The Brussels Airport Diamond Heist

Feb 27, 2013 - by J. Patrick O'Connor - 1 Comment

Updated May 8, 2013

Helvetic Airways aircraft at the Brussels international airport (Photo: Associated Press)

In a daring, commado-style operation, eight masked, heavily armed gunmen pulled off a lightening quick heist of more than $50 million worth of diamonds.     

Update: May 8, 2013 Nearly three months after the spectacularly daring diamond heist at Brussels Airport, authorities announced on May 8, 2013 that at least 31 people – spread out over France, Switzerland and Belgium – have been detained in connection with the estimated $50 million theft.

The Associated Press reported that a Frenchman, who is believed to have been one of the airport robbers, was arrested in France, while eight people, including a lawyer, were detained in Geneva, and 24 in and around Brussels.

“In Switzerland, we have found diamonds that we can say are coming from the heist, and in Belgium large amounts of money have been found. And the investigation is ongoing,” said Jean-Marc Meilleur, spokesperson for the Brussels prosecutor’s office.  In Geneva, a police statement said “a very important quantity of diamonds was seized” during the roundup of suspects. 

A Swiss investigator told reporters that almost a third of the stolen diamonds were seized in the Geneva raids and that about $110,000 in cash and a number of luxury cars were also confiscated. The unnamed investigator said all eight of those detained in Geneva were middlemen and intermediaries involved in the cutting and selling of the stolen diamonds.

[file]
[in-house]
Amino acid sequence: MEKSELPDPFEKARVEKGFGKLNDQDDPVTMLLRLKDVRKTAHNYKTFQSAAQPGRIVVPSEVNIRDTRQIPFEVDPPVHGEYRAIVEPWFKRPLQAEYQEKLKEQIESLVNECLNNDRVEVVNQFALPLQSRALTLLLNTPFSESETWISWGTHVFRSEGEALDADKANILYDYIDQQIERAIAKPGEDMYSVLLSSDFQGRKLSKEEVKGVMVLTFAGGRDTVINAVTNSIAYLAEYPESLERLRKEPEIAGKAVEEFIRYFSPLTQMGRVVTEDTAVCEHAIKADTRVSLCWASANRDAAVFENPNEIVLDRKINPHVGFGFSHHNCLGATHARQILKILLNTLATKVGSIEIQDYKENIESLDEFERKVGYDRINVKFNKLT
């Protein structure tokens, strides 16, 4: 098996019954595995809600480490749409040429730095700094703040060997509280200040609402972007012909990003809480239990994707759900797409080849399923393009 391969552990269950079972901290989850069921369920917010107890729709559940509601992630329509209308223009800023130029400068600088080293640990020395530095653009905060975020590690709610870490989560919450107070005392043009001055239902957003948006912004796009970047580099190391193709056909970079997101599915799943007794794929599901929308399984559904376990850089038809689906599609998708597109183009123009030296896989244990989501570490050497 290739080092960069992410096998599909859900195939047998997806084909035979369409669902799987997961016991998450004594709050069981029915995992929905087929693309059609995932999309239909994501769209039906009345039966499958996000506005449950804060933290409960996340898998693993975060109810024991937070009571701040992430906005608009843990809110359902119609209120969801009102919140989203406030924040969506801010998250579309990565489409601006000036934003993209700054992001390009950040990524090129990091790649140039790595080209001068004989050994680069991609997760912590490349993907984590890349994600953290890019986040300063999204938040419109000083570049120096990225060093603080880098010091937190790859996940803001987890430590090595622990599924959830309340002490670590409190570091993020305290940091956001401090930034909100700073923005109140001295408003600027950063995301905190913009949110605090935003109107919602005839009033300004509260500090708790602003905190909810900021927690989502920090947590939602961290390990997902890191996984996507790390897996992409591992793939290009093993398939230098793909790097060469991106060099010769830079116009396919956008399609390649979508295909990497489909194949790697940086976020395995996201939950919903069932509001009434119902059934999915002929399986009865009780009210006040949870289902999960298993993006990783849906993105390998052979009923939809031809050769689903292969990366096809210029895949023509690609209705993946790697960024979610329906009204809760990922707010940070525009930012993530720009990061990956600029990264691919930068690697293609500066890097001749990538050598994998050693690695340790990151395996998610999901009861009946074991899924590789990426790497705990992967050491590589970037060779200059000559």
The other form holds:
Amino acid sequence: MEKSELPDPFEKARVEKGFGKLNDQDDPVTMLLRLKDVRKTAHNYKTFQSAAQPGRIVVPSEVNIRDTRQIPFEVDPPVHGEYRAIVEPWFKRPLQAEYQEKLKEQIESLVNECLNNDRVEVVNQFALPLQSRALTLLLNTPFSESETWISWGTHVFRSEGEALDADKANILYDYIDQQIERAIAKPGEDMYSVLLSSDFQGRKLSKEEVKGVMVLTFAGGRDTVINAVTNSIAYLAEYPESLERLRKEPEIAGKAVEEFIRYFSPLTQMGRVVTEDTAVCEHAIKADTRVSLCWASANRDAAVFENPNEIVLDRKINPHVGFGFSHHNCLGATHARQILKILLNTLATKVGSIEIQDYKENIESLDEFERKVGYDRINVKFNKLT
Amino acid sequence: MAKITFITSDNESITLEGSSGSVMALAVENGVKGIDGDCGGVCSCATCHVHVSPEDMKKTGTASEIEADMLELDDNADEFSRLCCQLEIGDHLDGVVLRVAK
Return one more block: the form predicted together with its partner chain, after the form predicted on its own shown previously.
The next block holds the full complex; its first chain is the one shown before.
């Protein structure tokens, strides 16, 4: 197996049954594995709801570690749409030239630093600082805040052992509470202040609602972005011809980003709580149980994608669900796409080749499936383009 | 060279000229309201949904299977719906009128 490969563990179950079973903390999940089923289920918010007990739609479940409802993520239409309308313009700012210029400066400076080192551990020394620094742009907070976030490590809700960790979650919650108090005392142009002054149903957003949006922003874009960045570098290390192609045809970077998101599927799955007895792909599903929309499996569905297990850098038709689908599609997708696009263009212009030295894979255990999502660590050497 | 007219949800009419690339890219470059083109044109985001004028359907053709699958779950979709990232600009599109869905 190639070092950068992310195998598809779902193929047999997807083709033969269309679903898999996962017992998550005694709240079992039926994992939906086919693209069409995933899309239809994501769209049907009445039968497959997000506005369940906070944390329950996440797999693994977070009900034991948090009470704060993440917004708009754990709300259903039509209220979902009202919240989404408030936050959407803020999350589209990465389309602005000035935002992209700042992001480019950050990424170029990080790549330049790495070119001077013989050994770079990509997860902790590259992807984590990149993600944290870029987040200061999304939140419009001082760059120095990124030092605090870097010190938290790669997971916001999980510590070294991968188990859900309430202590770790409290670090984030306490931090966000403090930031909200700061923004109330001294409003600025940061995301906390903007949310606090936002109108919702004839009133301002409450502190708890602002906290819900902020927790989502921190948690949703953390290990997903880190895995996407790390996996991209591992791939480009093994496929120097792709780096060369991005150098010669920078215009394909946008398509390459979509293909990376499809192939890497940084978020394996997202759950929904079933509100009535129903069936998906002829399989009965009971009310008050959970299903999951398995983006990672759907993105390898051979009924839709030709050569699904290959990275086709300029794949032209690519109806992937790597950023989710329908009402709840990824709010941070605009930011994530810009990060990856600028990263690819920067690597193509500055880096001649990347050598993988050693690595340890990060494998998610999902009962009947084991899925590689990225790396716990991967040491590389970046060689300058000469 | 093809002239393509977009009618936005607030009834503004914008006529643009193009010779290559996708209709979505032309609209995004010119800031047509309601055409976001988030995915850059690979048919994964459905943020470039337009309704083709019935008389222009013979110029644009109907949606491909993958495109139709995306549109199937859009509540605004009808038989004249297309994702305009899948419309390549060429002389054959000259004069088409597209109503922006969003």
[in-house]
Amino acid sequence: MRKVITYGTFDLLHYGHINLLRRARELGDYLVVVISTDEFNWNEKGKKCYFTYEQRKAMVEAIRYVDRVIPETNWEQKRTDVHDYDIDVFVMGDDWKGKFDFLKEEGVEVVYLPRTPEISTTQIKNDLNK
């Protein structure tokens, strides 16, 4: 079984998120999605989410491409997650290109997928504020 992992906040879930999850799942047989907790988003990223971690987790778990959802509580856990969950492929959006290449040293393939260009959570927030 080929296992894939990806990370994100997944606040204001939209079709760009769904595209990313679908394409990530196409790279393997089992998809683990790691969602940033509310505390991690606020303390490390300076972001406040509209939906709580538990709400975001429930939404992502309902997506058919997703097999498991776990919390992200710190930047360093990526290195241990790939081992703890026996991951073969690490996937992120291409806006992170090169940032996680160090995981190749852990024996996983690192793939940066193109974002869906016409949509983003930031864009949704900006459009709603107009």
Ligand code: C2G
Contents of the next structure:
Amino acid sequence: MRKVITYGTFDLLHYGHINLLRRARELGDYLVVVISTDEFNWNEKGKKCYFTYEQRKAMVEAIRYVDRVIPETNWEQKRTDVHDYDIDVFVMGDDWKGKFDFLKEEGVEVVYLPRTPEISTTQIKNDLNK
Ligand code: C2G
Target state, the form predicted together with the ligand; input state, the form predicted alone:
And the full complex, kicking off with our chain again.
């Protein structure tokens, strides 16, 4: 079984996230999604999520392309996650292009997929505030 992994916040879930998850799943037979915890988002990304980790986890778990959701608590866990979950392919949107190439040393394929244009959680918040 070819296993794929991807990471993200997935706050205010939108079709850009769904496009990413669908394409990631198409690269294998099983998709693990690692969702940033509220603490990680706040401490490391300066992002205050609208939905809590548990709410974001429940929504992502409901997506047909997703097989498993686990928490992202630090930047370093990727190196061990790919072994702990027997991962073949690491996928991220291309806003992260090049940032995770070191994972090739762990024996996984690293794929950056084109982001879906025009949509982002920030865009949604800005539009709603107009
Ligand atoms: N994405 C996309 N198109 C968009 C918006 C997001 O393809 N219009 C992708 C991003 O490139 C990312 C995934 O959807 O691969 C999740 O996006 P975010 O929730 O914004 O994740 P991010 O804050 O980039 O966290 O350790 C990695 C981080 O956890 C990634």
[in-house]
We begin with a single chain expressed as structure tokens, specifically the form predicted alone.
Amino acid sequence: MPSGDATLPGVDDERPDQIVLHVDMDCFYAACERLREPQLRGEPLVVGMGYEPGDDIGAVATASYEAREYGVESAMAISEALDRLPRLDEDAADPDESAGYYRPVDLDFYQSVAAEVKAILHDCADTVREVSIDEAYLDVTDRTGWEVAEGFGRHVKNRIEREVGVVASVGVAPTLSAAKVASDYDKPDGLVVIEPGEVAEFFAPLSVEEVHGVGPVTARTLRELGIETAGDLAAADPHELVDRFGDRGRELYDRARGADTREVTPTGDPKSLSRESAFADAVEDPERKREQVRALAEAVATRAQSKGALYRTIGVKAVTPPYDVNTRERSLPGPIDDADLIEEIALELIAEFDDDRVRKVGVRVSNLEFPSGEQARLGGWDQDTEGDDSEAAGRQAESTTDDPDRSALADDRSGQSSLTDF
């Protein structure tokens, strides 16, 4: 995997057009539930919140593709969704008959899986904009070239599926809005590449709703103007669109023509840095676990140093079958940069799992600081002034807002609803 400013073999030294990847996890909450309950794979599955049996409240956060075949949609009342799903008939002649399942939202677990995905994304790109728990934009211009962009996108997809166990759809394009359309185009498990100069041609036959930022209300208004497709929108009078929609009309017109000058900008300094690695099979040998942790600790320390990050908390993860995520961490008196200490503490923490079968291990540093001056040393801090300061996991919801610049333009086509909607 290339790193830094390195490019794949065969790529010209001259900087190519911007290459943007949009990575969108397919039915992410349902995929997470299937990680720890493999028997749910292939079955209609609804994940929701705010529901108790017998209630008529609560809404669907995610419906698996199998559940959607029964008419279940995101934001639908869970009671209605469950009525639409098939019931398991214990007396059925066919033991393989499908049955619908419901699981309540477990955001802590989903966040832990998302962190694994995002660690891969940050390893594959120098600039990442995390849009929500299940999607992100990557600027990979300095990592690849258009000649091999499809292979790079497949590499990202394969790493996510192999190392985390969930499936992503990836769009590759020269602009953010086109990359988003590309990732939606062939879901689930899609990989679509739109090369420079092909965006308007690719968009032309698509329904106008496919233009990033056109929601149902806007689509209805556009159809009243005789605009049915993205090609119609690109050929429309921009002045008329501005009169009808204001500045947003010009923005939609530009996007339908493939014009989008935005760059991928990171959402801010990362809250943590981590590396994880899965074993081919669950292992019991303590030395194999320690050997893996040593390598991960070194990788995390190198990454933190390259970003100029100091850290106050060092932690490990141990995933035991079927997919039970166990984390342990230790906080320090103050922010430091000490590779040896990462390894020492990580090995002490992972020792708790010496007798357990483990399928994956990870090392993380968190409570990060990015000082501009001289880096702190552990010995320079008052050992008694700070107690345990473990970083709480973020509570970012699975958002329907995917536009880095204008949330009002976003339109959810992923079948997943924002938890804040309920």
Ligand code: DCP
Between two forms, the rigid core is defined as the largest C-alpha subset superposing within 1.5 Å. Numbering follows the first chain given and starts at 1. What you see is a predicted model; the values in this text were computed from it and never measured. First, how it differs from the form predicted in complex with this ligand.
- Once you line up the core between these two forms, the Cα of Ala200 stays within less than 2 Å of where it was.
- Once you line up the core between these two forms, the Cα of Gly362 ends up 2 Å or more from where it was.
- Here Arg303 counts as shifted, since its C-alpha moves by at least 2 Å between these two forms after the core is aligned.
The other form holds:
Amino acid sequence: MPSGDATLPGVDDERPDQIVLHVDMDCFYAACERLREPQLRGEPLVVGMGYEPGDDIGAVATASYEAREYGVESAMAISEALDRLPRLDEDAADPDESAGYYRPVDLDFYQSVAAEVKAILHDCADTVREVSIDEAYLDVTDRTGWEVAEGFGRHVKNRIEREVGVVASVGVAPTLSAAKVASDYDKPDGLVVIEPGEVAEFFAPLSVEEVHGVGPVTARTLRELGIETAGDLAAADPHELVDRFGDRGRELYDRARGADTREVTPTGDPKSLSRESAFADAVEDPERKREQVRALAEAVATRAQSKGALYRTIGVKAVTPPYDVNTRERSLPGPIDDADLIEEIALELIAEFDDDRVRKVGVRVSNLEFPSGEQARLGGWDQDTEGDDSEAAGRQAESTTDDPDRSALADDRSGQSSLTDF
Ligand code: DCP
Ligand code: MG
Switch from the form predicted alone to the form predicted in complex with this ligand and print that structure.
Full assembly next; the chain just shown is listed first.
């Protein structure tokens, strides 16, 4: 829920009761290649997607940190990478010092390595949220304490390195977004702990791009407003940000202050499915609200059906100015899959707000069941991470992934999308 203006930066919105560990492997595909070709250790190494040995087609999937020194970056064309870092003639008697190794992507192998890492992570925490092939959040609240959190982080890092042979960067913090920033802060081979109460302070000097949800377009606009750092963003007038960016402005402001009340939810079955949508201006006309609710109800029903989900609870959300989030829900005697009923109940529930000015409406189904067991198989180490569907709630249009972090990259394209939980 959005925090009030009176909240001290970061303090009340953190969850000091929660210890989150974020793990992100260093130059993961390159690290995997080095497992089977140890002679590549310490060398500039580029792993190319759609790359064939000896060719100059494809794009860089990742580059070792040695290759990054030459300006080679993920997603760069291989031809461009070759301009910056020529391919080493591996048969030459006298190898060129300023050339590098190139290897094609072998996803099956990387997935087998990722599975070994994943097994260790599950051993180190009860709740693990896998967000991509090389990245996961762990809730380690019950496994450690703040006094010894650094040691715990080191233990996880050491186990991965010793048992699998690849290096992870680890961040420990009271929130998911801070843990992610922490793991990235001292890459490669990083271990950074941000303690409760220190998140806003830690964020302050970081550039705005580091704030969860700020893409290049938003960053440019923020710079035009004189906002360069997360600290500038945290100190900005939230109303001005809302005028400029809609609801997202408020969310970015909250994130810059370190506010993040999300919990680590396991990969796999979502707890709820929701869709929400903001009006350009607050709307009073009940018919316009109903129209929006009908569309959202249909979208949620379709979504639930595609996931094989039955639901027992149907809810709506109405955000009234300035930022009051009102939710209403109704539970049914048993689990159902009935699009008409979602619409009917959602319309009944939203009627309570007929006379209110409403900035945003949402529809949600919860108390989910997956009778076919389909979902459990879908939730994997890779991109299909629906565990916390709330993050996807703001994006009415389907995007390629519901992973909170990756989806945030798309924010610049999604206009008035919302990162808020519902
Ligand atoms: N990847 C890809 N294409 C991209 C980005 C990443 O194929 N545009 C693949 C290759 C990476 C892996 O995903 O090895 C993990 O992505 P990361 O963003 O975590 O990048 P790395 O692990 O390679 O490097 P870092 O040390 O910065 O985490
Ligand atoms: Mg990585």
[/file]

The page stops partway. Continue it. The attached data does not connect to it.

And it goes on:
by J. Patrick O’Connor

For centuries, Antwerp has been the world’s center of diamond trading and remains so today.  According to a spokesperson for the Antwerp World Diamond Centre about $200 million in diamonds enter and leave Antwerp daily, with about 99 percent of that moving through the Brussels Airport in several shipments each week. The spokesperson said that diamonds traded in Antwerp last year had a total value of $51.9 billion, accounting for 80 percent of the world’s rough diamond trade and 50 percent of trade in polished stones. The only other major diamond center is Dubai, in the United Arab Emirates.

Diamond brokers from around the world store their diamonds and gems – sometimes for as little as a day – in one or more of the 160 safety-deposit boxes located in an underground vault at the Antwerp Diamond Centre. Once a deal is brokered for the sale of the diamonds, shipment is arranged through the Zaventem International Airport in Brussels. The diamonds are placed in small packets and driven by armored Brinks vans to the airport.  On the 25-mile trip to the airport, the Brinks vans are accompanied by armed escorts that peel away once the Brinks vans arrive at the airport’s locked gate.

On the evening of February 18, 2013, eight heavily armed masked men were outfitted in airport security uniforms and drove two black vehicles that had police-style lights on top.  They arrived at Zaventem International Airport in Brussels in darkness intent on pulling off the most audacious heist in airport history. They knew, due to construction near the main security gate, that gate would be unlocked. Using wire cutters, they opened a section of the other 10-foot-high security fence on the perimeter of the airport and then waited eight minutes for the Brinks van to unload some 125 packets of diamonds in the cargo hold of Flight LX789, a Helvetic Airways jet waiting to depart in the next 18 minutes for Zurich, Switzerland.